As I explored the ‘hills’, I soon realised what she meant. Tens of thousands of people were executed during the Great Purge of the late 1930s under the orders of Stalin’s Government, many without trial. Here, by the main road, we were standing at the site of just one of many mass graves from this era.

But, as I learned, even pre-Soviet Russia wasn’t immune to grisly goings on. Back in town, we visited the Church on the Blood, which sits on the site of the old merchant’s house where Nicholas II, the last Tsar of Russia, was executed in 1918 along with his wife and four children. It was a beautiful, if chilling, space.

Despite a tumultuous past, the city today has a more positive vibe. As we stopped at the now bustling centre, we saw yet another statue of Lenin.

“He used to point to enlightenment, now he points tourists to the main shopping street,” Valentina smiled.

The face of communism directing people to the main place for the favourite capitalist endeavour – there’s some kind of poetic justice in that perhaps.

Between Yekaterinburg and Moscow, I had one final stop: Kazan. It was here where Russia seemed to mellow, for as well as Islam and Christianity sitting happily side by side – note the mosque and the giant church with local worshipers happily praying in both – it’s also home to two official languages: Russian and Tatar.

The latter is left over from the Bulgars, a semi-nomadic people who once roamed the banks of the Volga River, and the teaching of both languages is mandatory in schools. This embracing of difference is also evident in the city's architecture, which is a real blend of Asian, European, Soviet, Islamic, modern and historical.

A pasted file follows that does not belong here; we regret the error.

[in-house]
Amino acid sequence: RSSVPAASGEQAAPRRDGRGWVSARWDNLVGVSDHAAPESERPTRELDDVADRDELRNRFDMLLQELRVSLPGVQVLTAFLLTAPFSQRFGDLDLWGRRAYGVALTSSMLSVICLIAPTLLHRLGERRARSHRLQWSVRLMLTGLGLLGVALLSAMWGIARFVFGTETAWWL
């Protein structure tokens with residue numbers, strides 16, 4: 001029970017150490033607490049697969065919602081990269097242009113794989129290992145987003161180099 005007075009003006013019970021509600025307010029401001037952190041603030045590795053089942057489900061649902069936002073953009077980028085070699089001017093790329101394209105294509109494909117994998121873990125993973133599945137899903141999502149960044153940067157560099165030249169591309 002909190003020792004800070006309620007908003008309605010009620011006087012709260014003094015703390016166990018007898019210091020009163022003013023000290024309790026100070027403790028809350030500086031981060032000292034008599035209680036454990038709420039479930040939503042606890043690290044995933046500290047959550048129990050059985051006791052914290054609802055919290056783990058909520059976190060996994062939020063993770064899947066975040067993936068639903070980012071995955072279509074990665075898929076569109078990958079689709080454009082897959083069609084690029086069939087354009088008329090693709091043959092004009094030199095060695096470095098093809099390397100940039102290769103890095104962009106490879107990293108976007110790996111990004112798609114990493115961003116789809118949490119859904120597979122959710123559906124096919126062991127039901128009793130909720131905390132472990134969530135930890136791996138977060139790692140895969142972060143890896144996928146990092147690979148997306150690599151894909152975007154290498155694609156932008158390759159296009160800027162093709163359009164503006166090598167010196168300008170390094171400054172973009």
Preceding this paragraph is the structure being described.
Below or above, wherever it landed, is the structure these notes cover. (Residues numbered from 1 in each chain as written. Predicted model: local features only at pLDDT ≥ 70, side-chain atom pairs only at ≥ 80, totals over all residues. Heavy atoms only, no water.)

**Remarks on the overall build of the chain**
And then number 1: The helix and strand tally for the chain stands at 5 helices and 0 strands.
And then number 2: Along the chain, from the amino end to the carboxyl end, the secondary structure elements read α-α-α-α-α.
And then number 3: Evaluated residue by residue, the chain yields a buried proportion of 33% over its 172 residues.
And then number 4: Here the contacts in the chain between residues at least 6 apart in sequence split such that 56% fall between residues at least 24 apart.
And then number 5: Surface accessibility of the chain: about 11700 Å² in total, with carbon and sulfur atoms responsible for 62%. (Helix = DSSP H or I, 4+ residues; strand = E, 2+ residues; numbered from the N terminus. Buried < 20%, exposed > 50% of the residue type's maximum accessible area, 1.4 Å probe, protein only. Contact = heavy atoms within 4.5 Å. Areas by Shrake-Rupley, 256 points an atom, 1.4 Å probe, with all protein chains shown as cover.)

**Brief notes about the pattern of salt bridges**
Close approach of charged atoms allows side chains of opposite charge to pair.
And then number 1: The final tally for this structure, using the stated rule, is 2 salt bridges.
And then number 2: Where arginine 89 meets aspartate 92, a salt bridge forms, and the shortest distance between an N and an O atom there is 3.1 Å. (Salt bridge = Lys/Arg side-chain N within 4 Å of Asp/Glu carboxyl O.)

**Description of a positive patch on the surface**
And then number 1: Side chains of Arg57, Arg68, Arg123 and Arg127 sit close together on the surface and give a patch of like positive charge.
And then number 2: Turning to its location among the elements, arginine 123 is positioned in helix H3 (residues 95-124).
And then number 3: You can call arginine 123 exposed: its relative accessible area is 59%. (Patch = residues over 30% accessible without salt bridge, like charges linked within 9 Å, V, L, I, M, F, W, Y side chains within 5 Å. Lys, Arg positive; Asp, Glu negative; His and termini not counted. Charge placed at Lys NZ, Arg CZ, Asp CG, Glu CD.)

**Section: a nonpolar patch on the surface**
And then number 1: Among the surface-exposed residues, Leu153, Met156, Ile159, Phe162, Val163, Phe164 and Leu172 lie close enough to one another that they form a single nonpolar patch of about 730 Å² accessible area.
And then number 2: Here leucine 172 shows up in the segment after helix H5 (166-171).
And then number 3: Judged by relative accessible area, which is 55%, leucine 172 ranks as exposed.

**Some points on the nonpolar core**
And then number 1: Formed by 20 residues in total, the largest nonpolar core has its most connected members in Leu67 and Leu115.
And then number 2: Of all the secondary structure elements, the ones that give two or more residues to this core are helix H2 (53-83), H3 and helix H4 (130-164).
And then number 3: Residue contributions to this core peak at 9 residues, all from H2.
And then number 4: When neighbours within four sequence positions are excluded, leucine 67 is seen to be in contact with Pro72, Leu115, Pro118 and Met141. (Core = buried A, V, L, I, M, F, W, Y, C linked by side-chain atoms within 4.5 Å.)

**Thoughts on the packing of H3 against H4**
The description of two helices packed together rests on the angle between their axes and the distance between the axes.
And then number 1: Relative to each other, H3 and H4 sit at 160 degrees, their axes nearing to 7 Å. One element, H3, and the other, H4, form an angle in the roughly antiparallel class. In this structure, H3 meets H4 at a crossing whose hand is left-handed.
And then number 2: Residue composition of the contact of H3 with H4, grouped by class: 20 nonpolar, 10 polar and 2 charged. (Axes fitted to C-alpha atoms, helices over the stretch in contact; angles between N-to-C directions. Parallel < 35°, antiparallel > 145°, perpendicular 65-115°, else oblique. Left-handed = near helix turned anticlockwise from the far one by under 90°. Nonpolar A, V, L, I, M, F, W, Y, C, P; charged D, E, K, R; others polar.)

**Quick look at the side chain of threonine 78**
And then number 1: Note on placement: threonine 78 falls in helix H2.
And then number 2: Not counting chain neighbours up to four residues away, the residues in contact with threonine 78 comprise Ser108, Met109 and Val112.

We left Kazan under a sky that had turned the same shade of red that would soon surround me in Moscow’s infamous square. Ahead lay Russia’s capital, complete with its gilded onion-domed churches of the Kremlin and palace-like underground stations. But before that came time for reflection, which I did as I watched the birch trees give way to urban sprawl through my carriage window.

Over 7,621km I had witnessed secrecy and frankness, the hard edges of skyscrapers and the softness of the grassy steppes, as well as examples of both the harshness and warmth that the extreme nature of Siberia can bring out in people.

Without the slowness of the train, I would never have seen any of it. I looked down at the table where the conductor had once more filled my glass of vodka. This time my thirst got the better of me. I didn’t wince, I didn’t hesitate, instead I took it all in, in one single gulp.


The author travelled with Titan Travel (titantravel.co.uk; 0808 149 9606), which offers group departures on the Tsar’s Gold which takes the Trans-Mongolian route (the Trans-Siberian proper only crosses Russia and starts in Vladivostok) going east to west – Beijing to Moscow.

The trip includes five nights in hotels and nine nights on the train, most meals, local guides in each stop, and all excursions (note: staying in the ger in Mongolia is extra). The next departure is 10 June 2017. Group tours on the Tsar’s Gold (west to east) are offered by Regent Holidays.


Main image: Trans-Siberian Circum-Baikal railway (Neil S Price)